Session: 069. What's New in Clinical Practice?, Thursday, 12:15-1:30 p.m.
Background : Infection disease (ID) groups covering inpatient and office, antimicrobial stewardship, and infection prevention duties may welcome an opportunity to streamline diagnostics via metagenomic next-generation sequencing (NGS). But the appropriate patient profile for NGS has yet to be defined. In 2019, we began using the Karius Test (KT), an NGS test that identifies and quantifies microbial cell-free DNA in plasma.
Methods : On 1/10/19 our ID group (7 MDs and an APN covering 14 Illinois hospitals) began using the KT (Redwood City, CA). 5 ml of whole blood is collected, spun to plasma, & shipped to Karius for analysis. Following NGS, human sequences are removed and remaining sequences are aligned to a curated pathogen database of > 1000 organisms. Organisms present above a statistical threshold are quantified in DNA molecules per microliter (MPM) & reported.
Results : Over 90 days 45 KTs were ordered on 42 patients (mean age = 46); including 3 repeat tests. 36 were inpatients (8 in the ICU) with a mean 4.7 days to ID consult and length-of-stay of 16 days. 31% (13/42) were immunocompromised: i.e., transplant, oncology, or HIV/AIDS. Fine needle or open biopsies were performed on 13 patients and 13 patients had bronchoscopy; 30.8% (8/26) were diagnostic of infection. A valid KT result was returned in 44/45 tests (mean 3.5 days from ID consult). 56.8% (25/44) of tests were positive for one or more organisms (a single pathogen was detected on 11 KTs). Among positive tests, 56% (14/25 - 10 bacterial & 4 fungal infections) were confirmed by culture, antigen, or PCR. Mean time to diagnosis for culture, PCR, antigen, and KT was 16.4, 3, 5.5, and.3.5 days, respectively. In 3 cases, the KT was the only positive test but correlated with the clinical scenario resulting in antimicrobial changes (Pneumocystis jirovecii pneumonia in AIDS, pulmonary aspergillosis in AIDS, and Fusobacterium nucleatum septic thrombophlebitis).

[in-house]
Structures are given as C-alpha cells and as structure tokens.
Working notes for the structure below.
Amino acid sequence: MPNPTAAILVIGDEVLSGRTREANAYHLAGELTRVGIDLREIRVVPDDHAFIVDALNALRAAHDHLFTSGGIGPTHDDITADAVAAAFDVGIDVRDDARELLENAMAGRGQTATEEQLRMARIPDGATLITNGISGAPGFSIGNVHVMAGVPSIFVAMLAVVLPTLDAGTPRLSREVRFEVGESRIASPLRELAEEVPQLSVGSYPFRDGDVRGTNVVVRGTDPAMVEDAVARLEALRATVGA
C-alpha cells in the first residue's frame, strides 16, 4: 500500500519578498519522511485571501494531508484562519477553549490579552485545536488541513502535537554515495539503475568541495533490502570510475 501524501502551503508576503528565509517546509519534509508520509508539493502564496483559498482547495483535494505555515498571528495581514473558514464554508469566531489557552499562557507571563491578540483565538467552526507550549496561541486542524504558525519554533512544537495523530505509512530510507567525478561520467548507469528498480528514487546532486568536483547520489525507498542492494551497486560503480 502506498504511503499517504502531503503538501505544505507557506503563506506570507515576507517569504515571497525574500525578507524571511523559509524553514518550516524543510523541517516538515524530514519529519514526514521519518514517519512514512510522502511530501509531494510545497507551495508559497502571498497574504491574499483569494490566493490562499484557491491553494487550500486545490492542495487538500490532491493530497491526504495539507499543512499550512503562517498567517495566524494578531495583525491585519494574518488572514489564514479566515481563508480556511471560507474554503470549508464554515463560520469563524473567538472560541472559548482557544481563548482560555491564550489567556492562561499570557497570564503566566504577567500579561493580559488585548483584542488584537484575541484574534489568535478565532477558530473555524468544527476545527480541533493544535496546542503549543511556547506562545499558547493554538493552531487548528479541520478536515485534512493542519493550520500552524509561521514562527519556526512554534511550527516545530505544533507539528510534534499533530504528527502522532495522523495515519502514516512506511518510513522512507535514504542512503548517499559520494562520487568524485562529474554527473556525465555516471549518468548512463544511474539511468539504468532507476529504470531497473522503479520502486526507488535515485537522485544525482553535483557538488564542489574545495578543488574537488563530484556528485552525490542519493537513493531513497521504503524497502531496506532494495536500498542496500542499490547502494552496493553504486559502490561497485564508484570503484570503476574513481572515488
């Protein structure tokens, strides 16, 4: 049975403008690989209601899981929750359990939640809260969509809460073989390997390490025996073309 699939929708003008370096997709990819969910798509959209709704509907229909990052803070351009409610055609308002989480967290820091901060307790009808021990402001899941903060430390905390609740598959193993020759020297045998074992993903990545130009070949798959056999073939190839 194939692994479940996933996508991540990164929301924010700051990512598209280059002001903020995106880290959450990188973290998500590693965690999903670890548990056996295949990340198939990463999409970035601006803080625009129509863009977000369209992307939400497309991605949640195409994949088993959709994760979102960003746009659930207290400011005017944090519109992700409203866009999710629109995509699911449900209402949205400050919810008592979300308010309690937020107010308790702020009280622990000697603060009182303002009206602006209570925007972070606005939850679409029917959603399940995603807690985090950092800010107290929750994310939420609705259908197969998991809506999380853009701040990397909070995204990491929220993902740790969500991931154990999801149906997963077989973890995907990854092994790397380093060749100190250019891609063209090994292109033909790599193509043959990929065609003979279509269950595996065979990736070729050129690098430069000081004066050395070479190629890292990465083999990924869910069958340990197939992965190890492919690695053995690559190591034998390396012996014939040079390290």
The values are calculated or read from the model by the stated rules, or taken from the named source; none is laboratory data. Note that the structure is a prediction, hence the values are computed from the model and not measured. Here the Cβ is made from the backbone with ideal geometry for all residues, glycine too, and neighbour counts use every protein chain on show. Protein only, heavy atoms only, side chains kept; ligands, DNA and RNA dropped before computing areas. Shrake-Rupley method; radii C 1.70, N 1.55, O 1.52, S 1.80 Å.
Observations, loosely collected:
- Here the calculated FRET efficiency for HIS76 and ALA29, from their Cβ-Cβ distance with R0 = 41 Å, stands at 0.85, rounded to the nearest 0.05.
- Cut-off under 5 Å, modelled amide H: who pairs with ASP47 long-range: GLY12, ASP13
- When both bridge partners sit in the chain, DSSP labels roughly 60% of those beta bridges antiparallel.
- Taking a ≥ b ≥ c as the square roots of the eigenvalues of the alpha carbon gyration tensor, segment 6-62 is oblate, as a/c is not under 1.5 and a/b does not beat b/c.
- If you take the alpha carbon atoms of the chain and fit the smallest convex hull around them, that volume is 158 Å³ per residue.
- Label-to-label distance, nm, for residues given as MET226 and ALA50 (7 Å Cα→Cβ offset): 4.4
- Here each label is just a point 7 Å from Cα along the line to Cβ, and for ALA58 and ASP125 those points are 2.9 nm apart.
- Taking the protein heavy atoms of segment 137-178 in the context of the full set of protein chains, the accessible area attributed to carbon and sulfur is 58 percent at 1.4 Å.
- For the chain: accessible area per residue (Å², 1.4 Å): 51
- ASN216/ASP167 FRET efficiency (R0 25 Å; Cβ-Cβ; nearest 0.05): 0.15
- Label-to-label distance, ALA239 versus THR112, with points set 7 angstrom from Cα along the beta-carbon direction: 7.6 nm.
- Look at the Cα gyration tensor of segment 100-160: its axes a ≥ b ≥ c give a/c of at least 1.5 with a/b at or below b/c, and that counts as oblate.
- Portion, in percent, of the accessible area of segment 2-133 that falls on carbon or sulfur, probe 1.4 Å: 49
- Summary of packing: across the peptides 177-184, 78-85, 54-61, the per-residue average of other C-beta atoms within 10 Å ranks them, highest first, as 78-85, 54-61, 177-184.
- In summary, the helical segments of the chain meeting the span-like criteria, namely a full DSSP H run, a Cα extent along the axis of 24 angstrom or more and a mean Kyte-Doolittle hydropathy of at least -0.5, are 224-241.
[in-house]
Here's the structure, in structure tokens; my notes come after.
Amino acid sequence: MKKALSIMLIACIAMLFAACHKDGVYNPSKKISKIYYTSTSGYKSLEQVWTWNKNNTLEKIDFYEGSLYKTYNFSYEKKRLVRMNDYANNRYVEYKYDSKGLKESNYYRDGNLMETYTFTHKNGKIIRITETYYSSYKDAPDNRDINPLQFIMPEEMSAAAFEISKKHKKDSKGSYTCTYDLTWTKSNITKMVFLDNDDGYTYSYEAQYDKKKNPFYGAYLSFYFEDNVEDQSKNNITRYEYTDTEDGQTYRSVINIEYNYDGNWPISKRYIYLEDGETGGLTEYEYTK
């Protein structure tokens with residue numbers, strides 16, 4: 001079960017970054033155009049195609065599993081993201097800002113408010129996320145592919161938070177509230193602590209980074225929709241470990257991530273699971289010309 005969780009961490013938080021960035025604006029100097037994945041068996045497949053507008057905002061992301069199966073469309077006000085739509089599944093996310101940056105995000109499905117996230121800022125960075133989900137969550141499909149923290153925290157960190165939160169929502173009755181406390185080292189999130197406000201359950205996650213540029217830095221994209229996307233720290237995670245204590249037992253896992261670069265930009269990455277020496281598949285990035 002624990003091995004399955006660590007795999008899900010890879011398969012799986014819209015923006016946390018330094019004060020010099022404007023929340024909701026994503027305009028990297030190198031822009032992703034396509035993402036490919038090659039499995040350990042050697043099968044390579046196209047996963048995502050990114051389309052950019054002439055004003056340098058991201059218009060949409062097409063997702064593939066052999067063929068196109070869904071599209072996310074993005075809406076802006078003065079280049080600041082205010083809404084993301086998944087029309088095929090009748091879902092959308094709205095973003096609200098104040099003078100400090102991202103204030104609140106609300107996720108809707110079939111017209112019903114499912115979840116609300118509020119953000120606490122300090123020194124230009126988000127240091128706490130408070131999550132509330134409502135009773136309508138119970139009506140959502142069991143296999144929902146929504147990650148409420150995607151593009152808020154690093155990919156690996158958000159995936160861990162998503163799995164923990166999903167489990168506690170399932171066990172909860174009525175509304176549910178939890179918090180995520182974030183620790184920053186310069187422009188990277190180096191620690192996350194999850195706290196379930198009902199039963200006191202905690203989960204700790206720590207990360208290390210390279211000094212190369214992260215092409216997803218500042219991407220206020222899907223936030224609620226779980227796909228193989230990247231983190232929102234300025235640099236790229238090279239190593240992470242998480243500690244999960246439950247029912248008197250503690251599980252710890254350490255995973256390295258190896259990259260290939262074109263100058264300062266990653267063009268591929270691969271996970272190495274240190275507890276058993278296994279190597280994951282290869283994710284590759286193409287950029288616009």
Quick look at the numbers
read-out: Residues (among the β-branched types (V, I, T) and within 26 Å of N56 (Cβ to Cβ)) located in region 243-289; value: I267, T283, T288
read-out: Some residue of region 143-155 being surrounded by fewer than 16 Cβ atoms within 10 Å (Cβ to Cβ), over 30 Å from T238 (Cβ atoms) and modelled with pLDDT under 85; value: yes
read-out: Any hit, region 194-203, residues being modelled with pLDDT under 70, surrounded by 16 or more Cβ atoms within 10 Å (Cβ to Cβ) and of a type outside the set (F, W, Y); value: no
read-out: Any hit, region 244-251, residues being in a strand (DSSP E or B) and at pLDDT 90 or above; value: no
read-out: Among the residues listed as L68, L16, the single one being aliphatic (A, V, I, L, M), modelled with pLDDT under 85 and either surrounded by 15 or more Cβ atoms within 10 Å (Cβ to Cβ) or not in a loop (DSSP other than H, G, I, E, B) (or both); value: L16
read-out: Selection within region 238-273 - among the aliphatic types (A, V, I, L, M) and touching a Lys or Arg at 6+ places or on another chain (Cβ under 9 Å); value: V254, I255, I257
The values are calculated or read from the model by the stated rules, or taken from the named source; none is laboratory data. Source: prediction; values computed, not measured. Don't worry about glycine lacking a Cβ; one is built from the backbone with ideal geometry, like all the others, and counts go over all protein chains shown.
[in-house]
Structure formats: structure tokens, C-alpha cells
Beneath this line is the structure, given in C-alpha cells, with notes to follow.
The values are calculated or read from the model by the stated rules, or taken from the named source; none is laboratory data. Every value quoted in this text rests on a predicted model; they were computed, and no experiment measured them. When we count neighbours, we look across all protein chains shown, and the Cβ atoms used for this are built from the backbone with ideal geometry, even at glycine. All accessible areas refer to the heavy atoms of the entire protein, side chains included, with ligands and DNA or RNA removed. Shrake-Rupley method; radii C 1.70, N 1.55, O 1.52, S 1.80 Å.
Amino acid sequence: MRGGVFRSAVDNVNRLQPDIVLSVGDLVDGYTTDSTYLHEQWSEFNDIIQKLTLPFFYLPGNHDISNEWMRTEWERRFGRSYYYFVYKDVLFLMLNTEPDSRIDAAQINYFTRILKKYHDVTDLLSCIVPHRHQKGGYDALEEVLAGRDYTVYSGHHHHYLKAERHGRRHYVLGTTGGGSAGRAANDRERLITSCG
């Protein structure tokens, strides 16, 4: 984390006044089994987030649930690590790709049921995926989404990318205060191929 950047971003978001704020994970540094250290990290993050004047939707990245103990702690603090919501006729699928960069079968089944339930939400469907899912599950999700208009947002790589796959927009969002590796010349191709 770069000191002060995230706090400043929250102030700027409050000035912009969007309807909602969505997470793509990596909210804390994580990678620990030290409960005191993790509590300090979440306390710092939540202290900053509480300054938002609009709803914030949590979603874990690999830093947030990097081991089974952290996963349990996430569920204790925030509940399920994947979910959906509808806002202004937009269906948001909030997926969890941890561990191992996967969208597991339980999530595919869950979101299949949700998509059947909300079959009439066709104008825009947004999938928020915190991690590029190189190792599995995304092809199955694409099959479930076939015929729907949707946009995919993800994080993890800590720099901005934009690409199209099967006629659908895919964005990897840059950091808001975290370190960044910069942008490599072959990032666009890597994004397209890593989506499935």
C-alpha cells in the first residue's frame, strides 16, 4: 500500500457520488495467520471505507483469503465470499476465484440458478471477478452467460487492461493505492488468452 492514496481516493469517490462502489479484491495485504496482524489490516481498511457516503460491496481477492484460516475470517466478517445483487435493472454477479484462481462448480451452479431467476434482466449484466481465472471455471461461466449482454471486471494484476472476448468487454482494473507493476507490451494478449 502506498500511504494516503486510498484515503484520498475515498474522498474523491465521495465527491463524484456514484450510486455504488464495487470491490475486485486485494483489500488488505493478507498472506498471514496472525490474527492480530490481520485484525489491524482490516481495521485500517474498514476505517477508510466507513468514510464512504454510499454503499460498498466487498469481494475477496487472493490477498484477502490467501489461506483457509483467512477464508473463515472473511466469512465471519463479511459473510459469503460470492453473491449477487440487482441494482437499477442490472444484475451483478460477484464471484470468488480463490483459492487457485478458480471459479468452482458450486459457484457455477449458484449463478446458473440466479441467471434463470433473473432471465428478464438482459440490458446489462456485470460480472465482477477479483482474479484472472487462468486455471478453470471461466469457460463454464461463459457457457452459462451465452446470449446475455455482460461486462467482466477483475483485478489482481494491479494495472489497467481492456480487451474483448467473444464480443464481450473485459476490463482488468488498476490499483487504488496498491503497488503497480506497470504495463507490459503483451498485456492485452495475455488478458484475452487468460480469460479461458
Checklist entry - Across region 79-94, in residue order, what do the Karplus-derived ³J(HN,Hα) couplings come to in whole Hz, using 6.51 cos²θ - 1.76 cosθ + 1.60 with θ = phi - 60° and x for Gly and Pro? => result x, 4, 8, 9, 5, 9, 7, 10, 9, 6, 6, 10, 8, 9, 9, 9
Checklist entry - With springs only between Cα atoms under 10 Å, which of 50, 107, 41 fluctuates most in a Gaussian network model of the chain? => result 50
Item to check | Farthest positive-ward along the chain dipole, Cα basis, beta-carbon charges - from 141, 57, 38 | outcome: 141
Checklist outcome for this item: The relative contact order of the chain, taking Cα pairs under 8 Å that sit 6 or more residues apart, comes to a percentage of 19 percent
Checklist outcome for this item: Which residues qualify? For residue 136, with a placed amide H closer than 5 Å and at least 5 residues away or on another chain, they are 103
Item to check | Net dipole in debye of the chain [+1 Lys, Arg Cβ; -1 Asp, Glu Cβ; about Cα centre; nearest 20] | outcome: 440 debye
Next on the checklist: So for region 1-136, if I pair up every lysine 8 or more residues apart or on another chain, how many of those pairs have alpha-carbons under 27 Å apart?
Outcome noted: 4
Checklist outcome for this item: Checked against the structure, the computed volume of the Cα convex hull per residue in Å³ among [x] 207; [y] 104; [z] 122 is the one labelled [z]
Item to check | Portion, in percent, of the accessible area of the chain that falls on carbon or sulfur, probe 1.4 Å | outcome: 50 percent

We identified 4 clinical scenarios where the KT provided value: patients with suspected invasive fungal infections, culture-negative endovascular infections/endocarditis, possible discitis or paravertebral infection, and pulmonary disease in AIDS. Future efforts will include outreach for prevention of invasive diagnostic procedures when a KT is pending or positive.
John Farrell– Professor, University of Illinois College of Medicine, Peoria, IL
Trisha Stetzler– Nurse Practitioner, University of Illinois College of Medicine, Peoria, IL
Sharjeel Ahmad– Director - Positive Health Solutions, University of Illinois College of Medicine, Peoria, IL
Mohammad Almoujahed– Assistant Professor, University of Illinois College of Medicine, Peoria, IL
David Hong– Vice President, Medical Affairs and Clinical Development, Karius, Inc., Redwood City, CA
Douglas Kasper– Chairman - Division of Infectious Diseases, University of Illinois College of Medicine, Peoria, IL
Joseph Kim– Assistant Professor, University of Illinois College of Medicine, Los Angeles, CA
Rone Lin– Assistant Professor of Clinical Medicine, Univ of Illinois College of Medicine at Peoria, Peoria, IL
Marlynn Patel– Assistant Professor, University of Illinois College of Medicine, Peoria, IL